Echoes of the past found in new book series

Published 12:00 am Sunday, May 1, 2016

By Gretchen Beilfuss Witt

Rowan Public Library

Looking at the political arena from recent months brings to mind the idea that the founding fathers had of having an educated citizenry. It is often difficult to keep up with the barrage of information available, but it behooves us to try to catch up and understand how situations became what they are, as well as understanding the history of certain countries or peoples.

To this end, the library has recently acquired a couple of wonderful series of books. These sets are specifically designed to appeal to young adults; however, they can be a terrific resource for everyone. Both series are located in the new book section.

The first series, “Cause & Effect In History,” examines particular events or conflicts — for example, the American Revolutionary War or the fall of Rome — giving a general overview of the events, but also analyzing the facts, giving examples and mixing primary and secondary documentation.

The “Cause and Effect: World War II” includes timelines, period photographs and sidebars which look at African Americans in the war, the Versailles Treaty, Pearl Harbor and the invasion of the Soviet Union.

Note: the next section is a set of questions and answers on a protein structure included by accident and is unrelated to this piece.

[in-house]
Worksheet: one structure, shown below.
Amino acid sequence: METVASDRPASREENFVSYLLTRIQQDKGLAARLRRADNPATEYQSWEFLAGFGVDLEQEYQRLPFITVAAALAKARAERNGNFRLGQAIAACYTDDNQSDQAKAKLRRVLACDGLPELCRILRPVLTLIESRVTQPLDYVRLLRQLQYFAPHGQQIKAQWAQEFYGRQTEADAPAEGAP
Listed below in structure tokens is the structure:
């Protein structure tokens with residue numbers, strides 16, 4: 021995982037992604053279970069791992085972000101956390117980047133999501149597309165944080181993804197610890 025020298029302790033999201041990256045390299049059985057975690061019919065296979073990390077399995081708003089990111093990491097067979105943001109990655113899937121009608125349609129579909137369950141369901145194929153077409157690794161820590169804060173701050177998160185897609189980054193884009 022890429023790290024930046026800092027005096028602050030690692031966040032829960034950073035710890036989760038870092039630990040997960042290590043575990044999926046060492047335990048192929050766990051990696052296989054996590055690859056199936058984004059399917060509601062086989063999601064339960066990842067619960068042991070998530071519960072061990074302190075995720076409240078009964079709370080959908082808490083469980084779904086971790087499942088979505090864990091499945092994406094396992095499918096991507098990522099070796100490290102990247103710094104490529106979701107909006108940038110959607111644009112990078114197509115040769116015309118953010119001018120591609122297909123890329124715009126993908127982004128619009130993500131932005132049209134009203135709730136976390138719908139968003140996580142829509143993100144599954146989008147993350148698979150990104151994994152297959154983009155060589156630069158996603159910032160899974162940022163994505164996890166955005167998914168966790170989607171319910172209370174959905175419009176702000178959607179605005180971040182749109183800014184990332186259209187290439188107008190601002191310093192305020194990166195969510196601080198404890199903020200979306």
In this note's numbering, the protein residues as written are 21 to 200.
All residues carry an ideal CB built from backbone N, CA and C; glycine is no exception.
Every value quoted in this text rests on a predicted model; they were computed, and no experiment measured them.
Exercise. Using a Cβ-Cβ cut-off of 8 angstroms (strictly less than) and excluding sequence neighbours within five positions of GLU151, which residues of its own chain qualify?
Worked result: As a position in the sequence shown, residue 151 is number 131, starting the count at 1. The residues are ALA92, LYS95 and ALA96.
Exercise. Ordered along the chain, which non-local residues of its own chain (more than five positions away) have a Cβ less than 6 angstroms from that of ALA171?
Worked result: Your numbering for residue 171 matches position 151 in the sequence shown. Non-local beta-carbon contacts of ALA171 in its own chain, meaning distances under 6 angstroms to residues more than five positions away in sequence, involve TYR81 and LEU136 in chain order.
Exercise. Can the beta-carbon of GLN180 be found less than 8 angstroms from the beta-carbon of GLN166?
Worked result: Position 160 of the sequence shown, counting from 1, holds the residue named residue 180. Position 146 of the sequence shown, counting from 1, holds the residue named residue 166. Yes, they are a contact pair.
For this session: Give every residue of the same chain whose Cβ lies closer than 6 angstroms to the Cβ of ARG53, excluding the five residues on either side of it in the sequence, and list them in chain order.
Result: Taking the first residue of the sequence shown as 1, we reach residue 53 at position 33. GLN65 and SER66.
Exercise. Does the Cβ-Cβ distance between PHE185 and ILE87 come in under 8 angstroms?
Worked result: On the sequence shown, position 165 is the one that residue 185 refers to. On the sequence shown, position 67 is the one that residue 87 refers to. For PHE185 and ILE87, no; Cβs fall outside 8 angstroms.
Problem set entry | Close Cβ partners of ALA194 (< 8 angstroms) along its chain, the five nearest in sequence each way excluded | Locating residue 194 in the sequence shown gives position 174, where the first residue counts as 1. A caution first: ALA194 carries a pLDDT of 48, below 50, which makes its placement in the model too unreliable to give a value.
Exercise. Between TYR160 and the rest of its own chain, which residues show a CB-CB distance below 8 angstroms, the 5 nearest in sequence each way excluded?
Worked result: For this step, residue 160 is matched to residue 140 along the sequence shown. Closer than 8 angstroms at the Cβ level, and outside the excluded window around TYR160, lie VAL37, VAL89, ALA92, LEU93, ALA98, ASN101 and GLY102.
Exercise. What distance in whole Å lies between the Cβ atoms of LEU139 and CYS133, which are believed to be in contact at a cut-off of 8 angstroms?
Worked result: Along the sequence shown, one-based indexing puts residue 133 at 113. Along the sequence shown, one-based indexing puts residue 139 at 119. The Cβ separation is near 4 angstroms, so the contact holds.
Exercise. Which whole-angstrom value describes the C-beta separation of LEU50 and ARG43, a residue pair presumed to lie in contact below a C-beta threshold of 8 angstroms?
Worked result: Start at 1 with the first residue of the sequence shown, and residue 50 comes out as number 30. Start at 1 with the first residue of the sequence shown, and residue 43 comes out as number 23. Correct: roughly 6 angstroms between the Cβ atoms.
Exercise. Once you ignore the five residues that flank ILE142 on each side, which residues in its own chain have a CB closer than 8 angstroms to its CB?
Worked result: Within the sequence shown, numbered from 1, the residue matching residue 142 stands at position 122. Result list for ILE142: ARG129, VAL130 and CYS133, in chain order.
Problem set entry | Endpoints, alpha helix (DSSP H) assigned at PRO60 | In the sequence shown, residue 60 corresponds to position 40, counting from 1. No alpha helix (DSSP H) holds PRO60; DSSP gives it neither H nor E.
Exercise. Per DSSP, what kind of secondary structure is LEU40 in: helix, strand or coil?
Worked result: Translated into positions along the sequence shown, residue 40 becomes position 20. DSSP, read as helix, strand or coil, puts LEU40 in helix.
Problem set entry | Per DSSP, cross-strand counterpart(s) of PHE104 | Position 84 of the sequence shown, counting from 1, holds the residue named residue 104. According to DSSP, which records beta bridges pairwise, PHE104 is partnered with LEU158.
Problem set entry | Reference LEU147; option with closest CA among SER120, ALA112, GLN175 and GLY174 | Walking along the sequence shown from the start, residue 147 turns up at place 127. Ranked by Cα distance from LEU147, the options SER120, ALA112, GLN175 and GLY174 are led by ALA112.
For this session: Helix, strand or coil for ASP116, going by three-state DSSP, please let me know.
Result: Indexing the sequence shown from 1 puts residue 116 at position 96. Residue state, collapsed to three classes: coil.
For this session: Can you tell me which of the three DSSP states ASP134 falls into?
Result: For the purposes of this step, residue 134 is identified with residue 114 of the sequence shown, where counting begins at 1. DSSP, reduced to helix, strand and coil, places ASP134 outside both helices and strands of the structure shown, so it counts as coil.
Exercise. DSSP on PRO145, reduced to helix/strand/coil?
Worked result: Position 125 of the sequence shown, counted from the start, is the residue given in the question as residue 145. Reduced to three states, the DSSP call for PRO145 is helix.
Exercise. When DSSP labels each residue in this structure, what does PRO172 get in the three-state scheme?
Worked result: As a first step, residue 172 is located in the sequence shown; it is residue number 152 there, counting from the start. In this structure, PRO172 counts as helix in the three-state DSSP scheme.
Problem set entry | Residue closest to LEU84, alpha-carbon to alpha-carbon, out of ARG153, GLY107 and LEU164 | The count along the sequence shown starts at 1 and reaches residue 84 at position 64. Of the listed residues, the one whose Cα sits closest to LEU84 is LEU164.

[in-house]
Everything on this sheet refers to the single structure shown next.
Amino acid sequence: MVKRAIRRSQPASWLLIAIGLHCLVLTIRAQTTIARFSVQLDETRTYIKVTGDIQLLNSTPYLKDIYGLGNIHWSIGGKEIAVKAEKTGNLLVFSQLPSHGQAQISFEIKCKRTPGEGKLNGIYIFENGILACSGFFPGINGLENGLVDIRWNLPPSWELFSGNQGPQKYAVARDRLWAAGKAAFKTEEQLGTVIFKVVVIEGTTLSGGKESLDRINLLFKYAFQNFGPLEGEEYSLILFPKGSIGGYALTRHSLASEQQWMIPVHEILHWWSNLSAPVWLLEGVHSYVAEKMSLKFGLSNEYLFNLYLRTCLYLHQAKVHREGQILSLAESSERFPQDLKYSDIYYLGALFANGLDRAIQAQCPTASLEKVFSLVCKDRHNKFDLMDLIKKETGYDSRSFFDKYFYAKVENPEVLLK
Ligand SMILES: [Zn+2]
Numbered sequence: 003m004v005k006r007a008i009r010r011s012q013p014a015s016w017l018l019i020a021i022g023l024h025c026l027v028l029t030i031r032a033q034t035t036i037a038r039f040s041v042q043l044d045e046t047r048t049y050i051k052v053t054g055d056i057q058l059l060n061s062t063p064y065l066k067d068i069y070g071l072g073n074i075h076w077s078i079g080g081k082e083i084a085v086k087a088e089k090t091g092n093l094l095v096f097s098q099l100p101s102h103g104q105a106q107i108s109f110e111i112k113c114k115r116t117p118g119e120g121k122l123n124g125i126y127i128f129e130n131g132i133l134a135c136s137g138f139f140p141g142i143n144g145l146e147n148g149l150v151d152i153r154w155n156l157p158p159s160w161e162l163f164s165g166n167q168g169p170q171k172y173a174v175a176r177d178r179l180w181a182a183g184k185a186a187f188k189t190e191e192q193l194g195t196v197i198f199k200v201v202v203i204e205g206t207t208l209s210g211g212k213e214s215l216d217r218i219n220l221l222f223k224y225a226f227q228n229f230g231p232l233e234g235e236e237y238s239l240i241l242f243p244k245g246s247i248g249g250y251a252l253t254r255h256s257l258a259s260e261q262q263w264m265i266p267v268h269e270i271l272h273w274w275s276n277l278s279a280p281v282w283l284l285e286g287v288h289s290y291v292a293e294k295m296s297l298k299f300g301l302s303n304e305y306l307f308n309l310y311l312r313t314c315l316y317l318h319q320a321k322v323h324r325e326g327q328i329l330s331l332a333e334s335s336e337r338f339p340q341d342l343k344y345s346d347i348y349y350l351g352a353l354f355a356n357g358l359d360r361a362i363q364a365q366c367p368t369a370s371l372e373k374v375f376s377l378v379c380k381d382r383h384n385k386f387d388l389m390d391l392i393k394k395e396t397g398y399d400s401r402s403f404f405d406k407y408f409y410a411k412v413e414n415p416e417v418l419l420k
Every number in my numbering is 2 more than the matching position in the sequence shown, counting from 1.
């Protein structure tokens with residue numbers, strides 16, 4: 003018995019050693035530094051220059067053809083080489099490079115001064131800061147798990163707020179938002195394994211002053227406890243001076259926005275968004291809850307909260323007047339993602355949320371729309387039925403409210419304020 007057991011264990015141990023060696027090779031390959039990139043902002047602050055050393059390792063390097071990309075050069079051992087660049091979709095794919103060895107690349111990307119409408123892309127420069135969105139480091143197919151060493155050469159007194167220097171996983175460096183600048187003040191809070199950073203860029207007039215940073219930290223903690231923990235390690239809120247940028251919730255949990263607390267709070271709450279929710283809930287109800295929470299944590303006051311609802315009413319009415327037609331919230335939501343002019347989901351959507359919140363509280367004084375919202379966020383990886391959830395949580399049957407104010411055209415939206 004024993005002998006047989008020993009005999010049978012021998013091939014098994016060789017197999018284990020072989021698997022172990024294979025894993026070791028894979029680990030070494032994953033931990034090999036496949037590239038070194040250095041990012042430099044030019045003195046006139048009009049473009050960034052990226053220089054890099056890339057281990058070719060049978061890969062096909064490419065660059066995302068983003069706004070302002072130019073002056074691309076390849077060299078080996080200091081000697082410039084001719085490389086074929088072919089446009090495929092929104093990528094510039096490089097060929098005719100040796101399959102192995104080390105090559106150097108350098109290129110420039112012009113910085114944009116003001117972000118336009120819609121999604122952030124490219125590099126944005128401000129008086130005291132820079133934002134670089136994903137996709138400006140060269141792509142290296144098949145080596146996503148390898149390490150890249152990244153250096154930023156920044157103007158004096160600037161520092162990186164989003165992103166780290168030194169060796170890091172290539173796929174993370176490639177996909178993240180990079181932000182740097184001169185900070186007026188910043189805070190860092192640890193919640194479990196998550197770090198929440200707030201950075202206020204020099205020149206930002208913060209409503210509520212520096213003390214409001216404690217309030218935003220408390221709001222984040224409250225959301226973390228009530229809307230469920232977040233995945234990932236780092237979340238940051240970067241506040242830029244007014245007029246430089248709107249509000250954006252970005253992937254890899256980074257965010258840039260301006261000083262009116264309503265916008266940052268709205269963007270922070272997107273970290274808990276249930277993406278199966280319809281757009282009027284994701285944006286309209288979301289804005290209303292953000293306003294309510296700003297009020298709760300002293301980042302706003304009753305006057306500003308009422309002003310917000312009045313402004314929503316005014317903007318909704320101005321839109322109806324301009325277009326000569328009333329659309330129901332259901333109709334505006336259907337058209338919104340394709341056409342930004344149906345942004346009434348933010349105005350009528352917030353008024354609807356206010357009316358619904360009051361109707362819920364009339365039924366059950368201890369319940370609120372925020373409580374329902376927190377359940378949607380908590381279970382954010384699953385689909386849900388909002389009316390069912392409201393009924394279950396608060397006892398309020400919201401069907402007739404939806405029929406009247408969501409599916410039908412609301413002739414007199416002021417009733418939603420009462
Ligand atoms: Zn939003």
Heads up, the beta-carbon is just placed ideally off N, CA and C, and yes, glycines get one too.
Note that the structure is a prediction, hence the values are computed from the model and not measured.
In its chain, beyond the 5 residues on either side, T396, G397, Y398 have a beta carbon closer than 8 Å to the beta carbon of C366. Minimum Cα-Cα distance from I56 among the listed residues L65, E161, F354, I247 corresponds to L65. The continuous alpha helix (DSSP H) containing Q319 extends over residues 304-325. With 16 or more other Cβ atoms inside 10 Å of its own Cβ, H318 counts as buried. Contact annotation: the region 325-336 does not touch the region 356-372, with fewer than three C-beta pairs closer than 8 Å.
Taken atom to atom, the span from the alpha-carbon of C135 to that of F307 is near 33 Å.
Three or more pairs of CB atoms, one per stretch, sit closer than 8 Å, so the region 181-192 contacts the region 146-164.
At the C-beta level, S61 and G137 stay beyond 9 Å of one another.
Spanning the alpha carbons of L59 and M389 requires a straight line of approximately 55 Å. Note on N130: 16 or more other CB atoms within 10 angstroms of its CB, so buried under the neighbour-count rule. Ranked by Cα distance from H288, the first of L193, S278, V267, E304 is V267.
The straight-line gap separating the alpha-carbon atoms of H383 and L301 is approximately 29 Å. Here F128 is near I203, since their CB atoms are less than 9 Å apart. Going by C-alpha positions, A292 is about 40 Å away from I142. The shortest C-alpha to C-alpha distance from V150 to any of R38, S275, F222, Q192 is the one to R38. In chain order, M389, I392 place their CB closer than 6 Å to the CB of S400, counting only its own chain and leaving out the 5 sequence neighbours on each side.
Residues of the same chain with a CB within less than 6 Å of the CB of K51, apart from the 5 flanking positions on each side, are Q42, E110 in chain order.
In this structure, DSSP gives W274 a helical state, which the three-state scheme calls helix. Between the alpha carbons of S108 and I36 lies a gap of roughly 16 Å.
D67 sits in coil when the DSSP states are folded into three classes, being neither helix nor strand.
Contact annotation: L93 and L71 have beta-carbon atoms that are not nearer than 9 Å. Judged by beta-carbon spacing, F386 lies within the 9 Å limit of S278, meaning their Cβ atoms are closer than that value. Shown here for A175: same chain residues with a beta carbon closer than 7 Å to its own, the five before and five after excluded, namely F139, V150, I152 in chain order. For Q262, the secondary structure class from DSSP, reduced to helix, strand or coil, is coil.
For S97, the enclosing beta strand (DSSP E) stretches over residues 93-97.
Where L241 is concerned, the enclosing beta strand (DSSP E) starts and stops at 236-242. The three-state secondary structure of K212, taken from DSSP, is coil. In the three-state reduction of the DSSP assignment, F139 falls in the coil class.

It also looks at how World War II, the NATO action in Korea and the differences of the two allies, the U.S. and the Soviet Union, influenced the Cold War. Another book in the series looks at the Sept. 11 attacks and examines how the Afghan-Soviet War and other Middle East conflicts may have contributed to that fateful day.

The second set of books deals with “Major Nations of the Modern Middle East” including Iraq, Turkey, Israel, Syria, Lebanon, Egypt, Iran, Pakistan and Saudi Arabia. Understanding the Middle East is so important to the current political and military situation. For example, many Americans’ understanding of Iraq begins with the 2003 invasion of the international coalition, yet this area has a long and complicated history.

Once known as Mesopotamia and identified as “the cradle of civilization,” it has seen much — the Sumerian Empire, then the Assyrian, then the Persians controlled it, only to fall to Alexander the Great. By 1530, the Ottomans controlled this area and did so until after the First World War when the country of Iraq was actually formed under the Big Four at the Paris Peace Conference in 1919.

The British hand picked the ruling monarch from the Saudi Hashemite family despite the opposition of the Iraqi Shi’i and Kurds. The book “Iraq” goes on to describe the history of the people, the religious, political and economic concerns, the significant communities and customs and their foreign relations.

It is a solid but succinct overview of the salient points of a country’s history and the effects on today’s global state of affairs. Each book in the series gives similar information and lends itself to understanding the entire region and its complex interactions.